US Army's ‘light tank' competition enters limited user-testing phase
22 September 2021
by Ashley Roque
A representation of BAE Systems' MPF prototype that is designed for three crew members. (BAE Systems )
The US Army intends to decide which company will build its new ‘light tank' in the April-to-June 2022 timeframe and is currently conducting a limited user test with two different prototypes to help guide this decision.
Ashley John, the Public Affairs Director for the army's Program Executive Office for Ground Combat Systems, gave Janes an update of the service's Mobile Protected Firepower (MPF) competition that involves evaluating 12 prototypes built by BAE Systems and another dozen from General Dynamics Land Systems (GDLS).
Each company received a contract valued up to USD376 million to build its respective MPF vehicle lot with the initial expectation that all prototypes would be delivered to the army between March 2020 and the end of August 2020. However, neither company met this timetable. The army attributed these delays to the ongoing Covid-19 pandemic and other supply and integration issues.
GDLS delivered its 12th and final prototype to the army at the end of December 2020.
UAE Minister of Industry and Advanced Technology Sultan bin Ahmed al-Jabr inspects Kasser II MRAPs at a facility in Tawazun Industrial Park. (WAM news agency)
A production batch of Kasser II mine-resistant ambush-protected (MRAP) vehicles was seen when the United Arab Emirates' (UAE's) minister of industry and advanced technology visited the country's defence industries on 1 August.
A short video released by the UAE's WAM news agency showed the delegation led by Sultan bin Ahmed al-Jabr inspecting at least nine Kasser IIs inside an unidentified facility during the visit to defence companies at Tawazun Industrial Park, which is located in Zayed Military City in Abu Dhabi. Two were numbered as 13 and 14, indicating that at least this many have been produced. It was unclear if they are being made at the facility or undergoing systems integration after delivery.
The Kasser II was unveiled during the IDEX defence show held in Abu Dhabi in February 2021. It has a stated combat weight of 17.2 tonnes, a 400 hp Cummins diesel engine, and can accommodate up to eleven people or nine when fitted with a weapon station.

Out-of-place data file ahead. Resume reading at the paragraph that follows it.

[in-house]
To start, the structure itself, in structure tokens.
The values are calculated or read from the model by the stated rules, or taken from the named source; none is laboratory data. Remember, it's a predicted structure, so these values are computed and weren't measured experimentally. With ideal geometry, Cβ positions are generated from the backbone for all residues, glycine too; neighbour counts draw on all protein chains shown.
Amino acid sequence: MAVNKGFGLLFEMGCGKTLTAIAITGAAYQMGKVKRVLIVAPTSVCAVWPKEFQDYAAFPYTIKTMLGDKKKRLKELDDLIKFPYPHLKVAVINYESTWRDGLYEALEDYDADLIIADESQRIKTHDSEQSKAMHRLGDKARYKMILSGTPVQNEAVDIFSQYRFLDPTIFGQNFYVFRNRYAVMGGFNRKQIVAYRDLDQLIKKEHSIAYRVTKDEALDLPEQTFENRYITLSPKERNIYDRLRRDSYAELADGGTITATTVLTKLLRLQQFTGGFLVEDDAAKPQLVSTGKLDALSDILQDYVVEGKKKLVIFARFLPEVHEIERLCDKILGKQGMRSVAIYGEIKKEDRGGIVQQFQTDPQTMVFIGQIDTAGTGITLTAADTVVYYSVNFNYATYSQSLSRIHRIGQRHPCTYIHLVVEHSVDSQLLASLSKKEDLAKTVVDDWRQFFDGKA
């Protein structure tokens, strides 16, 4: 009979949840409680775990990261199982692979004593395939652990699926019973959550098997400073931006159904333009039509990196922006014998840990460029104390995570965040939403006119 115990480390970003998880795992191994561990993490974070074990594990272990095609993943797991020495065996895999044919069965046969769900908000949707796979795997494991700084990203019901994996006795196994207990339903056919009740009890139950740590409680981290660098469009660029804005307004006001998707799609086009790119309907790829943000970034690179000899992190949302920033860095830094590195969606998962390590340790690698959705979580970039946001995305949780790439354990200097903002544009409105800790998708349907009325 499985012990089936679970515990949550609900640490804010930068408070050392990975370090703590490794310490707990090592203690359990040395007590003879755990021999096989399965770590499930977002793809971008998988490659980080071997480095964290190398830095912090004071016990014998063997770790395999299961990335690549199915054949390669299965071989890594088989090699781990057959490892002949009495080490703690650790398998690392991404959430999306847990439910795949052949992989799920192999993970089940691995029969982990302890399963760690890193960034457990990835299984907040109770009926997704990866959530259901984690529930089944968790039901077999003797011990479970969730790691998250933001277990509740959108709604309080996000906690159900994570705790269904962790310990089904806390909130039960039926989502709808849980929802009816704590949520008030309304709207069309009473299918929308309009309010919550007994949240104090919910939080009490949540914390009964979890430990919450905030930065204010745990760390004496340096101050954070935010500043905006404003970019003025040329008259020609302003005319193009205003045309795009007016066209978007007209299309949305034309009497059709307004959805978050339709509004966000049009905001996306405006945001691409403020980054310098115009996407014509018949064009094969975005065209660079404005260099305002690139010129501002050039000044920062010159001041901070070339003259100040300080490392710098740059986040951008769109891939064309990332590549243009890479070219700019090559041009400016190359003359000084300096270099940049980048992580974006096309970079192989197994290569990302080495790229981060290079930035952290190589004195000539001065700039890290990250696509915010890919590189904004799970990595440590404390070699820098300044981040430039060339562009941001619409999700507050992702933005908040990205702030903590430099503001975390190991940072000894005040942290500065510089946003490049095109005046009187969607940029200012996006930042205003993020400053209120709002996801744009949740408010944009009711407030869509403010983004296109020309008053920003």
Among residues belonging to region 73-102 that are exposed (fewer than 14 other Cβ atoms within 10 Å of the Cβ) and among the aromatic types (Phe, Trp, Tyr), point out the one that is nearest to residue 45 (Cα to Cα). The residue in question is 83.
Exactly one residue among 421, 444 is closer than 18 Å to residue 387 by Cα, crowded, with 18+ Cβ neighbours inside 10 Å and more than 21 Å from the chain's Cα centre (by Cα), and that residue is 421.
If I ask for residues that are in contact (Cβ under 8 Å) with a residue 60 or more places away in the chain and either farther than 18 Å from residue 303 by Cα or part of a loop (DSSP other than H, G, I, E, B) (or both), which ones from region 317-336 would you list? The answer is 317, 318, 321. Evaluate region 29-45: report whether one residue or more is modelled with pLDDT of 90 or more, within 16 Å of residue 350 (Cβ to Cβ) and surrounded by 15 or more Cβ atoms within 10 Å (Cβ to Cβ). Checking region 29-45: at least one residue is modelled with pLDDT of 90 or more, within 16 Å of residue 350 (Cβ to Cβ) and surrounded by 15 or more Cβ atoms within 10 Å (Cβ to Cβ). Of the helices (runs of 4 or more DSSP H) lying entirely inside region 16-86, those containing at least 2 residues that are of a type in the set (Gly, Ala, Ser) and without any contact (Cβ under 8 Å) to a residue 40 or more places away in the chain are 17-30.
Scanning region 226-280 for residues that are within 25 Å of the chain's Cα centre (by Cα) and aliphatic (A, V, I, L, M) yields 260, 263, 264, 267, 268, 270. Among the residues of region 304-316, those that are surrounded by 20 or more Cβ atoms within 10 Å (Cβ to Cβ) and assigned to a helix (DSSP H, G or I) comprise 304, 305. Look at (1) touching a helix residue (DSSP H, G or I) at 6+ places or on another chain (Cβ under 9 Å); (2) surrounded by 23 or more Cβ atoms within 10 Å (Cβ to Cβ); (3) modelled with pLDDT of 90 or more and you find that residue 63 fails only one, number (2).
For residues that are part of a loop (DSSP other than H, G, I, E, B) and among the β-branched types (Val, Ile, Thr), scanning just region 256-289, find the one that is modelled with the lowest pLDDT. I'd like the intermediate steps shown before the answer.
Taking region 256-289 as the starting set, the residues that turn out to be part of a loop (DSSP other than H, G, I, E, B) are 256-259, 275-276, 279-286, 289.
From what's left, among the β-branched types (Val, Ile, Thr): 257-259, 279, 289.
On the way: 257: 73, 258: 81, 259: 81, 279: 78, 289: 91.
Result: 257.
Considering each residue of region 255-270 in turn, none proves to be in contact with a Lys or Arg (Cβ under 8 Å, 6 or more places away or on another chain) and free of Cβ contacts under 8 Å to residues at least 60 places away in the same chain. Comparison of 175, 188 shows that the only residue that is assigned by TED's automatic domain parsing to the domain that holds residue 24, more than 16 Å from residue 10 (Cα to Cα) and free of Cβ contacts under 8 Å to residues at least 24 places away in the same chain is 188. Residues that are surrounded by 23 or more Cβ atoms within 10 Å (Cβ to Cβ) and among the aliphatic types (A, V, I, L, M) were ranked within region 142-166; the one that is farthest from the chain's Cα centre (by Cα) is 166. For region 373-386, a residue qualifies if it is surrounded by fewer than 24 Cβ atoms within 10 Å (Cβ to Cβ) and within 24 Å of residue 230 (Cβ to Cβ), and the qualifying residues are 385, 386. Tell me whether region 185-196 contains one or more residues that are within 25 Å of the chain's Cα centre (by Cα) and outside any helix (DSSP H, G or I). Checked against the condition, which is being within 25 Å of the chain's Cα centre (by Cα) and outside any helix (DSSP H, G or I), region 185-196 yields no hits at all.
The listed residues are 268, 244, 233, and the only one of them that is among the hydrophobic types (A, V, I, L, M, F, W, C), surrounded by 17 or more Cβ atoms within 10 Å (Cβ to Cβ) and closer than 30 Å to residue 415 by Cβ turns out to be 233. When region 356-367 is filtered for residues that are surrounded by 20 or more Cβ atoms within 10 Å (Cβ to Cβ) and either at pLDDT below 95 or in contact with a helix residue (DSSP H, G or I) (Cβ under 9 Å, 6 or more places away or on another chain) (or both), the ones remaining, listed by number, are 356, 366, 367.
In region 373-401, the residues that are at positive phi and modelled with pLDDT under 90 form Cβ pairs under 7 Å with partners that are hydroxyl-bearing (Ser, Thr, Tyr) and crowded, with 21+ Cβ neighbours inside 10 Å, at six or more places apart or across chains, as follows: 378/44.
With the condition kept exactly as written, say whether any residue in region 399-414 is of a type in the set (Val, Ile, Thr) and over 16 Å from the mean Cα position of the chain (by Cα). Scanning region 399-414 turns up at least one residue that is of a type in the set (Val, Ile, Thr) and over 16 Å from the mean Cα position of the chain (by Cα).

The British Army's 1st Deep Recce Strike BCT will integrate fires similar to those provided by the MLRS pictured with ISTAR. (UK MoD/Crown copyright 2022)
British Army chiefs have disbanded one of the service's three armoured infantry brigades as they proceed to implement their Future Soldier reorganisation plan.
The disbandment of the Tidworth-based 1st Armoured Infantry (AI) Brigade took place in early July but was not announced by the British Army or UK Ministry of Defence at the time.
Two of the brigade's armoured cavalry units, the Household Cavalry and Royal Lancers, have been transferred to the newly formed 1st Deep Recce Strike Brigade Combat Team (BCT), which has been created out of the former 1st Artillery Brigade, a British Army spokesperson told Janes on 29 July. Three former 1st AI Brigade infantry battalions and small support subunits have also been reassigned to other brigades.
Brigadier Neil Budd, commander of 1st Deep Recce Strike BCT, told Janes
US Army receives first upgunned Stryker, hardware and software fixes made
02 August 2022
by Ashley Roque
The US Army has ordered 269 upgunned Strykers from Oshkosh Defense. (Janes/US Army)
Oshkosh Defense has delivered its first upgunned Stryker to the US Army after the service discovered several problems with an early version of the platform during a risk management test phase, the service told
on 2 August. Several hardware and software fixes, some affecting the main gun, have now been made to the vehicle and the army may have its first unit equipped with the platform by December 2023.
The army selected an Oshkosh Defense-led team in July 2021 to outfit Stryker Double-V Hull Infantry Carrier Vehicles (ICVVA1) with a 30 mm cannon under its Medium Caliber Weapon System (MCWS) programme. In July 2021
reported that the army had discovered several problems with the winning bid sample during the source selection process, including the weapon's ability to mark targets and hit them while on the move. Programme officials then embarked on a ‘risk management testing' effort to find and fix a variety of issues before moving into production.
In this episode of The World of Intelligence we speak with Neil Spencer on the value of OSINT in the commercial sector.
Neil Spencer is the Director of Strategy and Partnerships for LifeRaft. He has more than twenty years of security indust...